In this tutorial, we will show how to perform t-test in SAS, along with examples.

proc ttest data=mydata h0=65 /* Null hypothesis mean of 65 */ alpha=0.05; /* Significance level of 0.05 */ var variable1; /* Specify the variable "variable1" for t-test */ run;

proc ttest data=mydata alpha=0.05; class grouping_variable; /* Grouping Variable */ var variable1; run;

proc ttest data=mydata; paired before_variable * after_variable; run;

## How to Perform One Sample T-Test in SAS

The one sample t-test is used to test whether the **mean of the variable "height"** is significantly different from a specified value of 65 inches. The null and alternative hypotheses for this t-test can be written as follows:

**Null Hypothesis (H0):** μ = 65

**Alternative Hypothesis (H1):** μ ≠ 65

The following SAS code performs a one-sample t-test on the variable "height" in the "sashelp.class" dataset. The significance level (alpha) is set to 0.05, which means the test will be conducted at a 5% significance level.

proc ttest data=sashelp.class h0=65 /* Null hypothesis mean of 65 */ alpha=0.05; /* Significance level of 0.05 */ var height; /* Specify the variable to test */ run;

**Conclusion:** The p-value indicates the level of significance and whether the null hypothesis can be rejected or not. Since the p-value (0.0362) is less than the significance level (0.05 in this case), we reject the null hypothesis and conclude that there is a significant difference between the sample mean of "height" and the null hypothesis value of 65.

## How to Perform Two Sample T-Test in SAS

Here we are performing an independent two sample t-test to compare the **mean height between males and females**. The null and alternative hypotheses for this t-test can be written as follows:

**Null Hypothesis (H0):** μ_male = μ_female

**Alternative Hypothesis (H1):** μ_male ≠ μ_female

The following SAS code performs an independent sample t-test to compare the heights of two groups (males and females) represented by the "sex" variable in the "sashelp.class" dataset. The significance level (alpha) is set to 0.05, which means the test will be conducted at a 5% significance level.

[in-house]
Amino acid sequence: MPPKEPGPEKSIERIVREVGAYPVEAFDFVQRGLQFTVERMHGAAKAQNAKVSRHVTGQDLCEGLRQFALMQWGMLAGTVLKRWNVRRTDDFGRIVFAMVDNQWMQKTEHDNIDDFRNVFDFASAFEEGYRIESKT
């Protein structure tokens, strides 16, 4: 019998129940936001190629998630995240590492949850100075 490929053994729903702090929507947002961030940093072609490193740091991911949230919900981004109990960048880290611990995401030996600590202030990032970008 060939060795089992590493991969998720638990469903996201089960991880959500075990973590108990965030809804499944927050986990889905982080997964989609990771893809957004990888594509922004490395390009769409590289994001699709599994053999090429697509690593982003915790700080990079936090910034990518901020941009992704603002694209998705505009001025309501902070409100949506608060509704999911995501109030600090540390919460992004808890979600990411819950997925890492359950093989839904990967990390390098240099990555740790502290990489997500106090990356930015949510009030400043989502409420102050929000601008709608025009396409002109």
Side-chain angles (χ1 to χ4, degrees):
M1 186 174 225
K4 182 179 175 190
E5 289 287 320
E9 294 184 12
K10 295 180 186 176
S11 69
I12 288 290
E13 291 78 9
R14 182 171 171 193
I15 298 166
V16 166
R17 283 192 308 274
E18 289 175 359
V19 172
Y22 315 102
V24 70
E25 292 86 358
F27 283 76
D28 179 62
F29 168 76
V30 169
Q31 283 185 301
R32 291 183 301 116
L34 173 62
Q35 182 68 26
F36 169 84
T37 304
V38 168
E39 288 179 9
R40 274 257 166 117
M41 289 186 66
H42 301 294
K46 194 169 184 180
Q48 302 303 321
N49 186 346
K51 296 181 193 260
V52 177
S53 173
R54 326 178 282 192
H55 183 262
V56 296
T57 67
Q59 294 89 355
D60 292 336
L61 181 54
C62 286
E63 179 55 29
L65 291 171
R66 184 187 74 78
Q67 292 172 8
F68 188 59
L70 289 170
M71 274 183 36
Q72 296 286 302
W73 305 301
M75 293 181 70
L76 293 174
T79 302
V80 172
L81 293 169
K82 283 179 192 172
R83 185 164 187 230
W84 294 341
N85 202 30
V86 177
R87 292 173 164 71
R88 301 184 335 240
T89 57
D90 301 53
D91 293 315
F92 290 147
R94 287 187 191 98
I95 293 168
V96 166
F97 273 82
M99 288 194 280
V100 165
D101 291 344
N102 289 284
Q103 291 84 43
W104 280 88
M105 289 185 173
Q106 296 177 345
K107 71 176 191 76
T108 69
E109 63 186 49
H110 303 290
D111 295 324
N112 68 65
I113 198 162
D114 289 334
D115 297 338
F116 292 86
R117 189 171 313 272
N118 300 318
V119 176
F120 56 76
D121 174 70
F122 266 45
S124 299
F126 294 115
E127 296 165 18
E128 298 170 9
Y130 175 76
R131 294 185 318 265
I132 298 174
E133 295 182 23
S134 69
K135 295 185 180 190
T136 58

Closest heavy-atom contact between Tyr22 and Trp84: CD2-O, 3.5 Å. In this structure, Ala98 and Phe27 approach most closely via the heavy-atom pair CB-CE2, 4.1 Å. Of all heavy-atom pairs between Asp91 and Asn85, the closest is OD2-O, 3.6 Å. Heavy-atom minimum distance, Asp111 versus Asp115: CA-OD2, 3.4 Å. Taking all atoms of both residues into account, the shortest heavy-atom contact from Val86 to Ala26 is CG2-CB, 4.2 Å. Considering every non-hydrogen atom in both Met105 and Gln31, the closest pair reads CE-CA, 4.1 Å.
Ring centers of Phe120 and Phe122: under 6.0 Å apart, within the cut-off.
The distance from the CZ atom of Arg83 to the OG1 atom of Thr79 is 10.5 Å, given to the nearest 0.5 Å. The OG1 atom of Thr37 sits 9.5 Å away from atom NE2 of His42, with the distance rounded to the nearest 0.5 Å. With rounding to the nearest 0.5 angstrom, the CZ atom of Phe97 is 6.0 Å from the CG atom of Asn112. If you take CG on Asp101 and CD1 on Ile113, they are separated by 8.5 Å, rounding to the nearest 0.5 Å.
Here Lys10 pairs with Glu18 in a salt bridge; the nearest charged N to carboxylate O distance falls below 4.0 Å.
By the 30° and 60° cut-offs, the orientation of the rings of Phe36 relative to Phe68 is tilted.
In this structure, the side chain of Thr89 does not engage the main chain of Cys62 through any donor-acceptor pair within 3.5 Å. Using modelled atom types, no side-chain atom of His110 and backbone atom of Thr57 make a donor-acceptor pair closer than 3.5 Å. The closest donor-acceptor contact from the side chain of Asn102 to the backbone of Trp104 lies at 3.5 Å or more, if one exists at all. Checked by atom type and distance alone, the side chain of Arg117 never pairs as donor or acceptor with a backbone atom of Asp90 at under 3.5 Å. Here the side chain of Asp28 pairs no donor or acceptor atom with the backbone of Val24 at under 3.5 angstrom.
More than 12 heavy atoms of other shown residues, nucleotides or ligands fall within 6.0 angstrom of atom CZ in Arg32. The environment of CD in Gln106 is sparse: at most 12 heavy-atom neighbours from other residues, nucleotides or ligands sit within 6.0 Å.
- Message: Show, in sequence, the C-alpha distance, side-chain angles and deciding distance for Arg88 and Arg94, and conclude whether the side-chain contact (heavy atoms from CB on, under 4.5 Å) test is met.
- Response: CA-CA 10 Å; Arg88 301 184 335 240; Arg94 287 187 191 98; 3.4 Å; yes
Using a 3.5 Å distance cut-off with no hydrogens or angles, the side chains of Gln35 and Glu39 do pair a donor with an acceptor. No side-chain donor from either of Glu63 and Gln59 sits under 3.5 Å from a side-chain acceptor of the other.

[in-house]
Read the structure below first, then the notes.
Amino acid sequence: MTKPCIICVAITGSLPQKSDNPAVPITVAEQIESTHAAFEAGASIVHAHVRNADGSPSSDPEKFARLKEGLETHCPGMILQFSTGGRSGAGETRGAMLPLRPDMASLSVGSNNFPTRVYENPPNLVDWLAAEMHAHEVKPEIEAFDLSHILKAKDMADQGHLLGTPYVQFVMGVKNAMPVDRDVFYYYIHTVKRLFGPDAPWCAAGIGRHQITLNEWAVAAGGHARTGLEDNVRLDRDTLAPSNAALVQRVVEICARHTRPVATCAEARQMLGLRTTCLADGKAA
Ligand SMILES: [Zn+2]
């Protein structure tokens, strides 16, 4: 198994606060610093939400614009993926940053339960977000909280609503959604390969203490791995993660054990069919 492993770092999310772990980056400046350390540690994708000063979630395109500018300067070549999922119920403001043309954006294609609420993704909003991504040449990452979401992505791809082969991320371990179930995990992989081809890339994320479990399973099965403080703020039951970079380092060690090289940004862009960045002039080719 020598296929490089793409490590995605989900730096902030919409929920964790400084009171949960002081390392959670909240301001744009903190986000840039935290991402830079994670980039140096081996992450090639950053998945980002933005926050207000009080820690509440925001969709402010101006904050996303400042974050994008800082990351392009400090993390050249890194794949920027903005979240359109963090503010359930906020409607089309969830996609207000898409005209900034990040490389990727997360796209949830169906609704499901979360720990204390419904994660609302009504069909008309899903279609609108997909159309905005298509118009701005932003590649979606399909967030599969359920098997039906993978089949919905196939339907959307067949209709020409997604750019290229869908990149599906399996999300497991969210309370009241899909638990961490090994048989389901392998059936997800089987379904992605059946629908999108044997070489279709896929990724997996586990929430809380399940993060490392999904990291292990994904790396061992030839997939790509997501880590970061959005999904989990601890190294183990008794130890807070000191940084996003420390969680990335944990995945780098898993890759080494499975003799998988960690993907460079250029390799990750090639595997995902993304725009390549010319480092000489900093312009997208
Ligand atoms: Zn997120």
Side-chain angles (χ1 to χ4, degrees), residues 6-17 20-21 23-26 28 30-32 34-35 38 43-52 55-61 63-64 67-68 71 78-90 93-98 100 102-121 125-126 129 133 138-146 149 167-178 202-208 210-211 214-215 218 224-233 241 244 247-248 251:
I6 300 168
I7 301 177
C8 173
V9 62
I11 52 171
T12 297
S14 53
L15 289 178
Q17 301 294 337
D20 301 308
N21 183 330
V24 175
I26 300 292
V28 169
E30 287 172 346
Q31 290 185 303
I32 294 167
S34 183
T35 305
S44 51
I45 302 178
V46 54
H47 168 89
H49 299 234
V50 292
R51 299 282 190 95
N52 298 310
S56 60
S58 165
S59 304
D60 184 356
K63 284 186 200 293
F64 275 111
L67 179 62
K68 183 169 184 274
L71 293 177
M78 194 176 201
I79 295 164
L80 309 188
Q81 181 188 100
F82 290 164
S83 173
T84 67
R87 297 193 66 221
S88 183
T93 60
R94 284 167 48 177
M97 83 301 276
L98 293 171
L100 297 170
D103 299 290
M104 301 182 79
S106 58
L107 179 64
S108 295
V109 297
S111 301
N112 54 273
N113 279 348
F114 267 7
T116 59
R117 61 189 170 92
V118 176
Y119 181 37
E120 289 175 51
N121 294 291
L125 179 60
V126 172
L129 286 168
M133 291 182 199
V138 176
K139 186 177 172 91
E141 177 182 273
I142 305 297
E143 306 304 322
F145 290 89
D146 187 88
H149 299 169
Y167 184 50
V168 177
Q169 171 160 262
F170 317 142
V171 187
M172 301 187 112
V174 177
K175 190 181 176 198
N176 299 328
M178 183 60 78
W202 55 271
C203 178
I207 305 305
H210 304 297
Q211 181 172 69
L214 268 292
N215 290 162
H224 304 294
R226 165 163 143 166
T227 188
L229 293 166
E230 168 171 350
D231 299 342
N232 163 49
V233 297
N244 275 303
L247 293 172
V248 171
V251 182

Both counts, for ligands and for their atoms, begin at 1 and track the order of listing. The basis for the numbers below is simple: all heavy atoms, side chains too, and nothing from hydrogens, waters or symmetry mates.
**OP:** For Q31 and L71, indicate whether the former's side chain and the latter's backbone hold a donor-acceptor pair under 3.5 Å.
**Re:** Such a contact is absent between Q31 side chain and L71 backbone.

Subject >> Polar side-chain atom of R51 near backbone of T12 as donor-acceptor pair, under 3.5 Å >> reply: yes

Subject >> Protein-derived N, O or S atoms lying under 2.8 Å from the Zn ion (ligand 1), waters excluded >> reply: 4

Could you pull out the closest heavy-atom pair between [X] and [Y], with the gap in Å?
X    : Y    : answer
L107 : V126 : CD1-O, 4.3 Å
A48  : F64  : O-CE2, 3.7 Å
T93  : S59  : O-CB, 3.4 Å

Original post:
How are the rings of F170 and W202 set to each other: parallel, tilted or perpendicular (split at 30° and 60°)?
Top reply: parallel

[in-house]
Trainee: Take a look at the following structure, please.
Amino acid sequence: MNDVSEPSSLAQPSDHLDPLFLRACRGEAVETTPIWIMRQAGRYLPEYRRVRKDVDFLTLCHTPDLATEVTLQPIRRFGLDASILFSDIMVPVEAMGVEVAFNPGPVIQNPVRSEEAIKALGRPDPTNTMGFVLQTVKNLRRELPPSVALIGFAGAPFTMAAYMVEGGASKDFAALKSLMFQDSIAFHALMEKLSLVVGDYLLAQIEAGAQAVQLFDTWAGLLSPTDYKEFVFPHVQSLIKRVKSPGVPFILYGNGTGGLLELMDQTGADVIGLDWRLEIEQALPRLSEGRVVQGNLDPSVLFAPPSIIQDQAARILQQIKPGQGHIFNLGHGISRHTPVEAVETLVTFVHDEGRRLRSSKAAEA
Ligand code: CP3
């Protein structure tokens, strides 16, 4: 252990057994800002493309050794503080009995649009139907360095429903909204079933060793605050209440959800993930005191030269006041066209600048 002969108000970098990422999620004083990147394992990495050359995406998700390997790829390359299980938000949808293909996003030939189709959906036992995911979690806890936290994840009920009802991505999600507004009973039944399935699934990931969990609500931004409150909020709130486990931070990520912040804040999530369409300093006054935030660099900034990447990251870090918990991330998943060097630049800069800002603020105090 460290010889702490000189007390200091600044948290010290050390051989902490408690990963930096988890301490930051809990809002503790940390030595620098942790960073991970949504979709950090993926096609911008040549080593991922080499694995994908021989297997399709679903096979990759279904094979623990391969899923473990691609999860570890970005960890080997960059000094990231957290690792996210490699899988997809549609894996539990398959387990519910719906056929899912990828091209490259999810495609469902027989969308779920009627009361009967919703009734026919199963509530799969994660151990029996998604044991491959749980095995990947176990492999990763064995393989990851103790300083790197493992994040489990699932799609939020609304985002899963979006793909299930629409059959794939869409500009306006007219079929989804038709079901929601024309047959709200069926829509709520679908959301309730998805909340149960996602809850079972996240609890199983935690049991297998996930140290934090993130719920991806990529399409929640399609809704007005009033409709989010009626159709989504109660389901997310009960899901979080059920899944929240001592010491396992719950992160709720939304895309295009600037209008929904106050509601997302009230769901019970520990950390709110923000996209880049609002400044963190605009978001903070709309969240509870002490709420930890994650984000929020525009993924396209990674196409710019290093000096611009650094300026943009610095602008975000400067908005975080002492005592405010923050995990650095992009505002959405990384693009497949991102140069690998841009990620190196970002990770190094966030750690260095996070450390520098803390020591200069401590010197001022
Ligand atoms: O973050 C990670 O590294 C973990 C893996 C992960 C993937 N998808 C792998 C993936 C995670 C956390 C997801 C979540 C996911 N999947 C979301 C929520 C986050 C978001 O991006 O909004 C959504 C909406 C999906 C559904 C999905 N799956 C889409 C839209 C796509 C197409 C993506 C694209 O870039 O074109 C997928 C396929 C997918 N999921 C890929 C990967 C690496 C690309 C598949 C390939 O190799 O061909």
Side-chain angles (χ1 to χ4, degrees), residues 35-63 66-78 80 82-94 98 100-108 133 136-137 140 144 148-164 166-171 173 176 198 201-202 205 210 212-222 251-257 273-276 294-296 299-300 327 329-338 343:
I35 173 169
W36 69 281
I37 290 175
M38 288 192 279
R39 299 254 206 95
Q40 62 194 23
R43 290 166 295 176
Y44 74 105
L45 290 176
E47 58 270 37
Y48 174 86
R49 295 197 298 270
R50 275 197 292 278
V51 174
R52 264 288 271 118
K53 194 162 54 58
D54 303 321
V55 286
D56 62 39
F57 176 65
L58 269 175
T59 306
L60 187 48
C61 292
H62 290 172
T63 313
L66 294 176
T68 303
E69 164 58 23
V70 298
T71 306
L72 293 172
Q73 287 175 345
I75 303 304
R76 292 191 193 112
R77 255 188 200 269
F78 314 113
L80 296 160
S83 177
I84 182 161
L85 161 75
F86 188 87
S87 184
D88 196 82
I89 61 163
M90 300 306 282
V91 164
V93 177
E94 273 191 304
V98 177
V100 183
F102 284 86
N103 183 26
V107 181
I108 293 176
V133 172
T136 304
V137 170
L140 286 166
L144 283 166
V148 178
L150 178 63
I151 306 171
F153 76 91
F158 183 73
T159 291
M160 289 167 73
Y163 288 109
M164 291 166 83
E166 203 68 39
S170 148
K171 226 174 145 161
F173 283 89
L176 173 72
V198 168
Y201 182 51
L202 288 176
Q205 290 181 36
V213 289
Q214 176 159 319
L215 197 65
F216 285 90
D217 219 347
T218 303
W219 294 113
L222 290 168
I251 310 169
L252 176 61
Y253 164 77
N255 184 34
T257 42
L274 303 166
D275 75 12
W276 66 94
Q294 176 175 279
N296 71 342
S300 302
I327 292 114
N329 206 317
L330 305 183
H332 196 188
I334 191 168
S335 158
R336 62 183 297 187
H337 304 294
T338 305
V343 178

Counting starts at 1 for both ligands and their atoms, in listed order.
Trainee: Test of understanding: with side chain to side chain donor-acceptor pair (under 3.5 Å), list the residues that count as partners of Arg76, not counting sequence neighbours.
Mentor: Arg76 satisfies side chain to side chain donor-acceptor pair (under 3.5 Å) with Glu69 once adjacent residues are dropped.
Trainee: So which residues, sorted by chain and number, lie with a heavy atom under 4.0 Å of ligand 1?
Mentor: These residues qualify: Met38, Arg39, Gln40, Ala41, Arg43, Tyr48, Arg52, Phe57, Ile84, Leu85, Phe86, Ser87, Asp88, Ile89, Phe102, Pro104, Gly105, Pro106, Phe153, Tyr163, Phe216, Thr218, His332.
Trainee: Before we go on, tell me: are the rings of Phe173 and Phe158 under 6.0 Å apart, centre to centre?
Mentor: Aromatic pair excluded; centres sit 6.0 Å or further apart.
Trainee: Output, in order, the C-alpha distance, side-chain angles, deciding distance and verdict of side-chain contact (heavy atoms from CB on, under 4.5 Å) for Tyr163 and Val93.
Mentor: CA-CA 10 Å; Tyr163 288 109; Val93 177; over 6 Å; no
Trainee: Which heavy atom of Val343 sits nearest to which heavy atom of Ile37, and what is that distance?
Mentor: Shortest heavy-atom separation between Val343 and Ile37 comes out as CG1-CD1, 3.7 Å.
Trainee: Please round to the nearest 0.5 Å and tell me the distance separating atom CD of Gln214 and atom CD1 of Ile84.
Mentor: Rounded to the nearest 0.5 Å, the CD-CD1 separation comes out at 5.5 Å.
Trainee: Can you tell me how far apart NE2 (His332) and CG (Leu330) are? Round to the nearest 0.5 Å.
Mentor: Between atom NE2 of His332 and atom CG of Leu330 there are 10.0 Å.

proc ttest data=sashelp.class alpha=0.05; class sex /* Grouping Variable */; var height; run;

**Assumption:** The independent two-sample t-test assumes variance of the data in both groups should be approximately equal. It means that the spread of data points around the mean should be similar for both groups.

**Equality of Variances table** - Since the p-value of the Equality of Variances test (0.9527) is greater than the significance level (e.g., 0.05), then we assume that the variances are equal. In this case we will use **Pooled method**. If the p-value had been less than 0.05, we would have used the Satterthwaite method.

**Conclusion:** The p-value indicates the level of significance and whether the null hypothesis can be rejected or not. Since the p-value (0.1645) is greater than the significance level (0.05 in this case), we do not reject the null hypothesis and conclude that there is **no significant difference** between the sample mean of "height" between males and females.

## How to Perform Paired T-Test in SAS

A paired t-test is used to compare the means of two related groups or conditions, where each subject is measured twice, once under each condition. The purpose of the paired t-test is to determine whether there is a significant difference between the means of the two conditions. In simple words, a paired t-test is used to compare the measurements between the "before" and "after" conditions.

The null and alternative hypotheses for the paired t-test can be written as follows:

**Null Hypothesis (H0):** μ_before = μ_after

**Alternative Hypothesis (H1):** μ_before ≠ μ_after

The following SAS code performs paired t-test to compare the "before" and "after" measurements. The `paired`

statement in PROC TTEST specifies that the observations are paired. The "before_measure" and "after_measure" variables are paired together for the analysis.

data PairedData; input subject_id before_measure after_measure; datalines; 1 12 15 2 14 16 3 10 11 4 15 18 5 18 20 6 20 22 7 11 12 8 13 14 9 16 17 10 9 13 ; run; proc ttest data=PairedData; paired before_measure * after_measure; run;

**Conclusion:** Since the p-value (0.0002) is less than 0.05, we can reject the null hypothesis, indicating that there is a significant difference between the "before" and "after" measurements.

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